• It does not record other quality of life issues, in particular noise
• It’s lack of integration frequently results in SNT teams requiring residents to report issues twice:
o Firstly on 101 to get a CAD reference
o Secondly, to the SNT via email or their own phone perhaps using WhatsApp to share photos
Tower Hamlets is disproportionally dependent on the 101 service unlike our neighbours who usually provide other methods for reporting ASB.
• Newham residents are able to call their Enforcement and Safety Team on a 24 hour number. There is also an online reporting tool.
• Greenwich residents are able to report non-urgent incidents to the Anti-Social Behaviour Team by email and phone number.
• Southwark residents have access to an Antisocial Behaviour Unit contactable by telephone or email
• Hackney residents have an ASB team for streets, public spaces and parks contactable by phone and email
Other London Boroughs also have online reporting forms prominently displayed when residents undertake an internet search on the boroughs name and ASB.
Tower Hamlets by contrast provides no central email address or phone number to call and only has an online reporting form at the very bottom of a long web-page.
This may explain why the Borough Commander’s report for 2016 showed Tower Hamlets had the worst rates of ASB in East London.
This Council therefore proposes the following:
1. The establishment of a 247 phone service together with a central email address for all ASB and quality of life related issues
2. This service to be fully integrated, dealing with noise and other related issues to ensure that residents only need to know just one number/one email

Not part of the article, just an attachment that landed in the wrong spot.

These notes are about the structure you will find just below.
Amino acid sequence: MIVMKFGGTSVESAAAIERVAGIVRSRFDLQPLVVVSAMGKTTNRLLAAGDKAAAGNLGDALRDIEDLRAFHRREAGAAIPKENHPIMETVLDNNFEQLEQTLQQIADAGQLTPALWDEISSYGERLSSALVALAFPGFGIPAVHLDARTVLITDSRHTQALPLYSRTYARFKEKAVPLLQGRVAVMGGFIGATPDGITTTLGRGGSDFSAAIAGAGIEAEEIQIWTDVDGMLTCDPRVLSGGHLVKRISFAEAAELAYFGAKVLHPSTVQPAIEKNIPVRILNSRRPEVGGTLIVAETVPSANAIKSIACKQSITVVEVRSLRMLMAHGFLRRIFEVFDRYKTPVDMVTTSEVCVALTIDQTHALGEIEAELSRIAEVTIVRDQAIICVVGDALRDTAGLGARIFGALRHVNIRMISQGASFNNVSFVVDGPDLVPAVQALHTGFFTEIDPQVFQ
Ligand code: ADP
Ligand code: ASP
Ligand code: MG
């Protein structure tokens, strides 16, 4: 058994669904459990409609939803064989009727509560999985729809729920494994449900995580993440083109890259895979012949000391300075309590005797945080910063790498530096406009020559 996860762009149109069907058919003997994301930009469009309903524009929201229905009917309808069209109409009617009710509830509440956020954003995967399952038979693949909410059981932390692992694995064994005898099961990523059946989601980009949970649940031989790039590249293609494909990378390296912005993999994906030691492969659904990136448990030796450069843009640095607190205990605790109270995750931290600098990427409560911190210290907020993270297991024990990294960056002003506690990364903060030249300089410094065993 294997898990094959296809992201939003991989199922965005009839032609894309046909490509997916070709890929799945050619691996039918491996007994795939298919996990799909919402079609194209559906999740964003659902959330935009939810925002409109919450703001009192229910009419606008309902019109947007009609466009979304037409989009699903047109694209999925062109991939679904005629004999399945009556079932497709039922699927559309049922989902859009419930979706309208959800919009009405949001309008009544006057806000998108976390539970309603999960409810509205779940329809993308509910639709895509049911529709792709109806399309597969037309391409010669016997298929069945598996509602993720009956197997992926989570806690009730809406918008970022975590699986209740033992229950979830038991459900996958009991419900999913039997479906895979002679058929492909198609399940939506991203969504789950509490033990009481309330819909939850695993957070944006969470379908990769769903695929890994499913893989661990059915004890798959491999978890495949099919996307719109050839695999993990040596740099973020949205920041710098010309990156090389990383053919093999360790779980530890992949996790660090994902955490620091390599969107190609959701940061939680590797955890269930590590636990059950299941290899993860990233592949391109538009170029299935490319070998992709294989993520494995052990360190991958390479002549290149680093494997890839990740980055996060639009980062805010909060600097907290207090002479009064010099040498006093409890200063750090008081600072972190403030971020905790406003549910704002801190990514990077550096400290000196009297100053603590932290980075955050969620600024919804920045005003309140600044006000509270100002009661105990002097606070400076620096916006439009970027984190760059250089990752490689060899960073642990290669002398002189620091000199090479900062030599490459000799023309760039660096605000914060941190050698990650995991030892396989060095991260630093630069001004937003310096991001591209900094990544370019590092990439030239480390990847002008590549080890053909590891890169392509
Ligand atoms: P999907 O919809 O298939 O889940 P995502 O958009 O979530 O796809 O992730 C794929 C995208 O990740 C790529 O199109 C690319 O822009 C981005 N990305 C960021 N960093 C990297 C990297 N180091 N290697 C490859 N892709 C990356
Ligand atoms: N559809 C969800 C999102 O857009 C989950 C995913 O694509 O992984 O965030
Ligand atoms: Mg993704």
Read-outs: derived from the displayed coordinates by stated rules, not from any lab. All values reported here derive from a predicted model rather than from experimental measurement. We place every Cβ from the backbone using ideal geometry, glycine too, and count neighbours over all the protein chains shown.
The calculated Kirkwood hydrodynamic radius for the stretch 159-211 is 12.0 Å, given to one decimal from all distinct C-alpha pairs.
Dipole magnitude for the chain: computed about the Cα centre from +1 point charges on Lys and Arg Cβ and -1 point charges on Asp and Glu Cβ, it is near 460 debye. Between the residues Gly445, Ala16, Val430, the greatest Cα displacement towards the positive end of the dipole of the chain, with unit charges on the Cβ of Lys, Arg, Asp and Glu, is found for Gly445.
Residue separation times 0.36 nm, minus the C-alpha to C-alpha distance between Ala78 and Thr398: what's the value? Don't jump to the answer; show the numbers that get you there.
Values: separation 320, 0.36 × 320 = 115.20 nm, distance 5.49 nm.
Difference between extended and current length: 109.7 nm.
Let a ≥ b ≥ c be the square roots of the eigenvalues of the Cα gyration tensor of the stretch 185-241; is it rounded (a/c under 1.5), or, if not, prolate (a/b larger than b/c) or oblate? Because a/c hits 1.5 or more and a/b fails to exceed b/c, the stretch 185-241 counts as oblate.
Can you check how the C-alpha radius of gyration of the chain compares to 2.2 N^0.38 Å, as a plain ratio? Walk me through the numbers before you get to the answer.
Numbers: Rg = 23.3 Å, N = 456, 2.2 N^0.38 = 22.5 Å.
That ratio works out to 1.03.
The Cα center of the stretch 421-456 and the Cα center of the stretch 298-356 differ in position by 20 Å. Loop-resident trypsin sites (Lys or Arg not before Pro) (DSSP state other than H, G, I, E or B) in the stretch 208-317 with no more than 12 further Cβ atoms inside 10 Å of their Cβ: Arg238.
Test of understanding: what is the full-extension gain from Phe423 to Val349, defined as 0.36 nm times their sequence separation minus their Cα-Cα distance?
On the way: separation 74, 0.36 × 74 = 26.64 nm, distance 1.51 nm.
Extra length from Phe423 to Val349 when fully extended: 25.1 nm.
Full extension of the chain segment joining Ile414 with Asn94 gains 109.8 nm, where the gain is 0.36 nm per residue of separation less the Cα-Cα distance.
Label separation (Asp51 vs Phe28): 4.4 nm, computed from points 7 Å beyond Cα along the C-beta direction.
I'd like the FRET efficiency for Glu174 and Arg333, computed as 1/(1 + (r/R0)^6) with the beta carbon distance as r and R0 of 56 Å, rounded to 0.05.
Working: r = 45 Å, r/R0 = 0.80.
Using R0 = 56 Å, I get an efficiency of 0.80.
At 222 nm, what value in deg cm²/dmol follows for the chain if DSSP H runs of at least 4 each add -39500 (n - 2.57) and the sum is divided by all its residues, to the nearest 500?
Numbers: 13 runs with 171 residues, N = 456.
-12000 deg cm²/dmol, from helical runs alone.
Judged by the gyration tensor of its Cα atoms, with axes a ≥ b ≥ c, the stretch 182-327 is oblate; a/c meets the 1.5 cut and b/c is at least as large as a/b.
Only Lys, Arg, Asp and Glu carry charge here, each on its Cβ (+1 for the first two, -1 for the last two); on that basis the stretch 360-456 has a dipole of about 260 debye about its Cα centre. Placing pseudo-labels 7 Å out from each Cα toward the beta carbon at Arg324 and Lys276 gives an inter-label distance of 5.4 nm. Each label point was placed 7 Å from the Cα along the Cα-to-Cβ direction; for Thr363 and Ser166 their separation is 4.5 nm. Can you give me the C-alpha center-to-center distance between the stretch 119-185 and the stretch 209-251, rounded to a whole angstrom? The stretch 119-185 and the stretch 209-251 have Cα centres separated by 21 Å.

3. The Police agree that ASB reported to the Council is included in any allocation of resources to ensure that residents do not have to also call 101 in order to secure the allocation of Police resources to their area
4. The development of an online tool + app allowing residents to report a range of issues online. This could be based on the 'MyStreet' App rolled out in Sunderland this year. Other possibilities are the FiFiLi app, OWL. The council could simply buy the license for ‘My Street’ which would be the equivalent of an online One Stop Shop for quality of life issues. As with FiFiLi this would have the ability to tag precise locations on a map and to share photographs.
These solutions will:
Ensure that residents have the ability to share precise locations, videos, pictures across multiple platforms but that it would all go to same place.
That easily obtained software solutions which are now available will help integrate and share this data with partners
The Council notes:
That the Labour manifesto for 2014 pledged “A 24hr noise and ASB hotline to help tackle rising crime – Nuisance noise doesn’t sleep, that’s why Labour will introduce a 24h hotline to report noise and anti-social behaviour at weekends to ensure people’s complaints are addressed.”